By Jenny Deam and Howard Blume, Los Angeles Times –
AURORA, Colo. — On May 2, D’Avonte Meadows, a 6-year-old with an infectious grin and rambunctious streak, was suspended for three days from Sable Elementary in suburban Denver for crooning “(I’m) Sexy and I Know It” to a girl in lunch line.
The school declared it sexual harassment and told his parents that, because D’Avonte sang the same song to the same girl before, he is a repeat offender. The news media pounced. And Stephanie Meadows, D’Avonte’s 29-year-old mother, gave her bewildered son, a special needs student, a crash course in birds, bees and sexual boundaries.
The Aurora Public Schools initially stood firm with its finding of sexual harassment. Officials recently offered to remove the word “sexual” and instead consider D’Avonte a harasser. His parents rejected the offer.
“I’m not excusing my son’s behavior,” his mother insists. But this is a discipline issue, she says, not a sexual one: “He doesn’t even know what it means. Where’s the common sense?”
That question is being asked across the nation and a few miles away in the Colorado Statehouse. One week after D’Avonte was suspended, Colorado lawmakers passed a bill easing disciplinary policies in schools.
Colorado joins a growing number of states rethinking zero-tolerance policies requiring expulsion or suspension for behavior or actions that might once have meant a stern talking to or a visit to the principal’s office. Now lawmakers want to give educators flexibility.
In California the legislature is considering nine bills aimed at limiting school discipline. One would require schools that suspend more than 25 percent of their students to adopt strategies aimed at reducing behavior that leads to suspension.
“Schools are too prone to send kids home from school — by imposing out-of-school suspensions — even for behavior that doesn’t pose a safety threat, and the Legislature has made it too easy,” said Assemblyman Roger Dickinson, D-Sacramento, in a recent news release. He’s written several of the bills.
Zero-tolerance policies slowly gained favor in the 1990s as a way to curb school violence, especially involving weapons and drugs. The federal Gun-Free Schools Act of 1994 required school districts to pass what came to be called zero-tolerance policies for firearms to remain eligible for federal funds. Then came the shooting at Colorado’s Columbine High School in 1999.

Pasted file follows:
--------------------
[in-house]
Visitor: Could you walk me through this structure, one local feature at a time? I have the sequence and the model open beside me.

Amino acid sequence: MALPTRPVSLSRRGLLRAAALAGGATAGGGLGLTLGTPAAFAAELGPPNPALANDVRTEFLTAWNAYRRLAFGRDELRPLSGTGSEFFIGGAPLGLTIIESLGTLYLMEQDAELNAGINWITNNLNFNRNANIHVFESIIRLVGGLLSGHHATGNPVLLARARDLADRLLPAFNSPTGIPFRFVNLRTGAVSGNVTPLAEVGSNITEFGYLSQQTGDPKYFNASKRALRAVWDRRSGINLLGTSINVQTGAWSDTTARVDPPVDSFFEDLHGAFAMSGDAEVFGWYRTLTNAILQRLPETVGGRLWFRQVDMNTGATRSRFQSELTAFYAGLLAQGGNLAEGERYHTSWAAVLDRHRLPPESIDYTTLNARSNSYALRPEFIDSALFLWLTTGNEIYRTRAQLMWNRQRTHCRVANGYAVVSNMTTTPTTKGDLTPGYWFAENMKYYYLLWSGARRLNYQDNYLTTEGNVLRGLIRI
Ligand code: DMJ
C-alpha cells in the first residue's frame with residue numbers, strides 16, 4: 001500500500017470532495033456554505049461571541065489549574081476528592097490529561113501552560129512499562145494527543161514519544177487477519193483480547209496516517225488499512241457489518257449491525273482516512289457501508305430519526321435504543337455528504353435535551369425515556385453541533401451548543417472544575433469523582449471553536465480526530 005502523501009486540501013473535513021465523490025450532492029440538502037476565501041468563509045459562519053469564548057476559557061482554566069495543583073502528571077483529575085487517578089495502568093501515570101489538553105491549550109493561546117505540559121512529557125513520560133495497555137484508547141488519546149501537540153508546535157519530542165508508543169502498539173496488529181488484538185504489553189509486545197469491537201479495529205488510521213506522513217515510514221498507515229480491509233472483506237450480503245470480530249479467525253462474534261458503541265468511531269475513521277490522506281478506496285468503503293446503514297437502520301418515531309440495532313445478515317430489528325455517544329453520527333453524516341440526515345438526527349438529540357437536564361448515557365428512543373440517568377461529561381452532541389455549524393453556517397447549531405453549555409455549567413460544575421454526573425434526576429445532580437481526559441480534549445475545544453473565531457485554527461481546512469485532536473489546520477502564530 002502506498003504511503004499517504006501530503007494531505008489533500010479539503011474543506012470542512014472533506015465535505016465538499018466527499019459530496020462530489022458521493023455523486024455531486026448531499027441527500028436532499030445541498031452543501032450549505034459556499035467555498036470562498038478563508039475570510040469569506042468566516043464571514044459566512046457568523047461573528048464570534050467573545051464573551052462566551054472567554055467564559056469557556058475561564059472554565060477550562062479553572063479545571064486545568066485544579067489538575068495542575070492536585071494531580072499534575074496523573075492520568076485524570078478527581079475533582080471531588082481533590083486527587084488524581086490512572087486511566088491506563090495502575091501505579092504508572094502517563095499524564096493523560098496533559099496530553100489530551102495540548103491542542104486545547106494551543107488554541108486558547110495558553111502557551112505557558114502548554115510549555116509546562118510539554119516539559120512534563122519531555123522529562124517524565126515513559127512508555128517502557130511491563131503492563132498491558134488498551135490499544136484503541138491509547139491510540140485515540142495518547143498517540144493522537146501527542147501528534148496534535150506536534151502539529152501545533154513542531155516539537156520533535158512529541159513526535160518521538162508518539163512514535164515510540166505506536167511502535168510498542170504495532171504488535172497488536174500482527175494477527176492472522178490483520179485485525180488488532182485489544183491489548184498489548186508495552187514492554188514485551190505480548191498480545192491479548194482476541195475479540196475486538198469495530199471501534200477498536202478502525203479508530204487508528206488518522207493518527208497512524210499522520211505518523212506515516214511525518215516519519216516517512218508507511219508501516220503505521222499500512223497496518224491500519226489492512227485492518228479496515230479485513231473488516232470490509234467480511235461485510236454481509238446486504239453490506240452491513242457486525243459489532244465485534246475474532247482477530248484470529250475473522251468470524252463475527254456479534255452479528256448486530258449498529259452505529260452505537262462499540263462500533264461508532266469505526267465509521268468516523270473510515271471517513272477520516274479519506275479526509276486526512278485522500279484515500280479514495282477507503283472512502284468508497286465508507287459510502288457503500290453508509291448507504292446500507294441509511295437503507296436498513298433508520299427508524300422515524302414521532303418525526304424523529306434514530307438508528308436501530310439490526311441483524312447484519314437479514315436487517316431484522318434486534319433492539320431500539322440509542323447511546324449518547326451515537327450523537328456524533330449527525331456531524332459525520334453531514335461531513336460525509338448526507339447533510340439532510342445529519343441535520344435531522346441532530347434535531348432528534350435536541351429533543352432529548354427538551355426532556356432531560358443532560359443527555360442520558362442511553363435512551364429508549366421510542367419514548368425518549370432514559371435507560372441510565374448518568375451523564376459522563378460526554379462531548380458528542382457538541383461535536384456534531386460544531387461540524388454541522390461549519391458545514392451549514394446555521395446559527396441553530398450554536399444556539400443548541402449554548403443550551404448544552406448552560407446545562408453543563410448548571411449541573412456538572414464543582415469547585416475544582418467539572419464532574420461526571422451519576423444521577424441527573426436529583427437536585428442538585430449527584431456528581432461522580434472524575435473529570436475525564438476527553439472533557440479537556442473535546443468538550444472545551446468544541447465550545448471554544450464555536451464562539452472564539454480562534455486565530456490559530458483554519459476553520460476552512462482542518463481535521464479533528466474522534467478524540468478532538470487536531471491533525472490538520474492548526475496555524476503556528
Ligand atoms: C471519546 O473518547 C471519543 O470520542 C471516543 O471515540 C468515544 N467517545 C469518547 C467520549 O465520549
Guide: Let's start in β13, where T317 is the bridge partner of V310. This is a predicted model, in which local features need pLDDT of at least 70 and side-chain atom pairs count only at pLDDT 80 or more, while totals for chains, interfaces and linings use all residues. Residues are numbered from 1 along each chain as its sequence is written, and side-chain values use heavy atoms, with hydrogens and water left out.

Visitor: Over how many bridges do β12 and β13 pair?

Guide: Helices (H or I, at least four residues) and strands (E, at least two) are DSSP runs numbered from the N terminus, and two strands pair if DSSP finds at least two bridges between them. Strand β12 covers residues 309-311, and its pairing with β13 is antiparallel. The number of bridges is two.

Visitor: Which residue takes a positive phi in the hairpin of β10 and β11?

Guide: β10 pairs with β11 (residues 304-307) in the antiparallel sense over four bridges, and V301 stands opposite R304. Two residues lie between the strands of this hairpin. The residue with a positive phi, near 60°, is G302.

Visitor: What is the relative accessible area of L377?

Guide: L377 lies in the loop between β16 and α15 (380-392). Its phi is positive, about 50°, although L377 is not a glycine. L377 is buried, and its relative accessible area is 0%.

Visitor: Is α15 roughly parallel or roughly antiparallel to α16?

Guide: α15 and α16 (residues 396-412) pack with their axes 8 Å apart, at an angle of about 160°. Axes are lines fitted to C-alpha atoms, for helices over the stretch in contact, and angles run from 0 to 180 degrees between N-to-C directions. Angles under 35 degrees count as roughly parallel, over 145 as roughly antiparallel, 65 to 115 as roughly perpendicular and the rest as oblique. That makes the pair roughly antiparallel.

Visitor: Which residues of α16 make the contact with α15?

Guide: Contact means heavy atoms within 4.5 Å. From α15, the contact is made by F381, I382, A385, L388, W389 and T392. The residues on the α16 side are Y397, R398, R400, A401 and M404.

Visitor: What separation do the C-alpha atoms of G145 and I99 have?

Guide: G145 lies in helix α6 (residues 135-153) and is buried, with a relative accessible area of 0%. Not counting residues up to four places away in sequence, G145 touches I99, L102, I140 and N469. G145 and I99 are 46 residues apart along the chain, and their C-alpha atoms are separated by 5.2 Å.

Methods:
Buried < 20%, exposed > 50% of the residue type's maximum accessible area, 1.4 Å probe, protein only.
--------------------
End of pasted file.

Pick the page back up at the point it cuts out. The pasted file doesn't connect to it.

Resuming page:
A no-excuses sensibility swept the land as the nation grappled with keeping schools safer, said Kathy Christie, a spokeswoman for the Education Commission of the States in Denver. Over time many schools’ zero-tolerance policies included sexual harassment and anti-bullying measures.
But the winds changed.
Outrage stories emerged, like the 6-year-old Delaware boy who faced reform school for bringing his Cub Scout camping utensil to school that included a knife. Or the 9-year-old North Carolina boy suspended for sexual harassment after being overheard saying his teacher was “cute.”
Or the middle school student in South Dakota who was suspended for 10 days because he gave a fellow student athlete a fish oil supplement — a violation of no-drugs policy.
“There began to be an acknowledgment that perhaps pieces of zero-tolerance convey the wrong message; that they were more stringent than they needed to be or that they allowed for serious, serious misinterpretation,” said Christie, adding that sometimes schools used the one-size-fits-all policy as an excuse to remove troublesome students.
The American Bar Association now opposes zero-tolerance. The American Psychological Association has questioned its effectiveness. The American Association of University Women, which last year reported that nearly half of all middle and high school students had been sexually harassed, also opposes zero-tolerance as a solution.
The sponsor of the new Colorado law is state Sen. Linda Newell, a mother who remembers the horror of Columbine well. Her children were in lockdown at a nearby school that day when the shootings occurred in the town of Littleton, where she lives and which she represents.
She understands the need to keep schools safe — especially in an era of heightened vigilance against bullying — but there needs to be balance. “I want kids to come out of school with a diploma, not a criminal record,” she said.
As for D’Avonte, he’s back in school. His mother says he is unscathed; she and her husband less so. They worry their son is tainted in teachers’ eyes and may transfer him. The NAACP is now involved. Mostly, Meadows is sad. “This didn’t need to happen,” she said.
Citing privacy, Aurora Public Schools will not discuss the case, issuing a statement telling other parents that “a student would not be suspended for merely singing a song.” The district added, though, that “if actions warrant, we would consider suspending a student to emphasize the seriousness of the actions and to prevent further inappropriate behavior toward another student.”
The Meadowses, who also have a daughter, say they understand the seriousness of sexual harassment. They admit their son acts out, especially if he feels anxious or wants to be accepted. He is new to the school and has an individualized education plan for behavioral and emotional problems.
Meadows, who monitors his TV and computer time, isn’t sure where D’Avonte learned the LMFAO party song. But it is nearly impossible to escape these days. The song has been featured during halftime at the Super Bowl, on TV shows and in a commercial with dancing M&Ms. Even Sesame Street gave it a toddler treatment with “I’m Elmo and I Know It.” But apparently what animated candy can do, at least one first-grader cannot.
The first time, his mother said, D’Avonte wiggled his bottom at the girl as he sang the song’s lyrics “wiggle, wiggle, wiggle.” D’Avonte has promised his mother to stop dancing.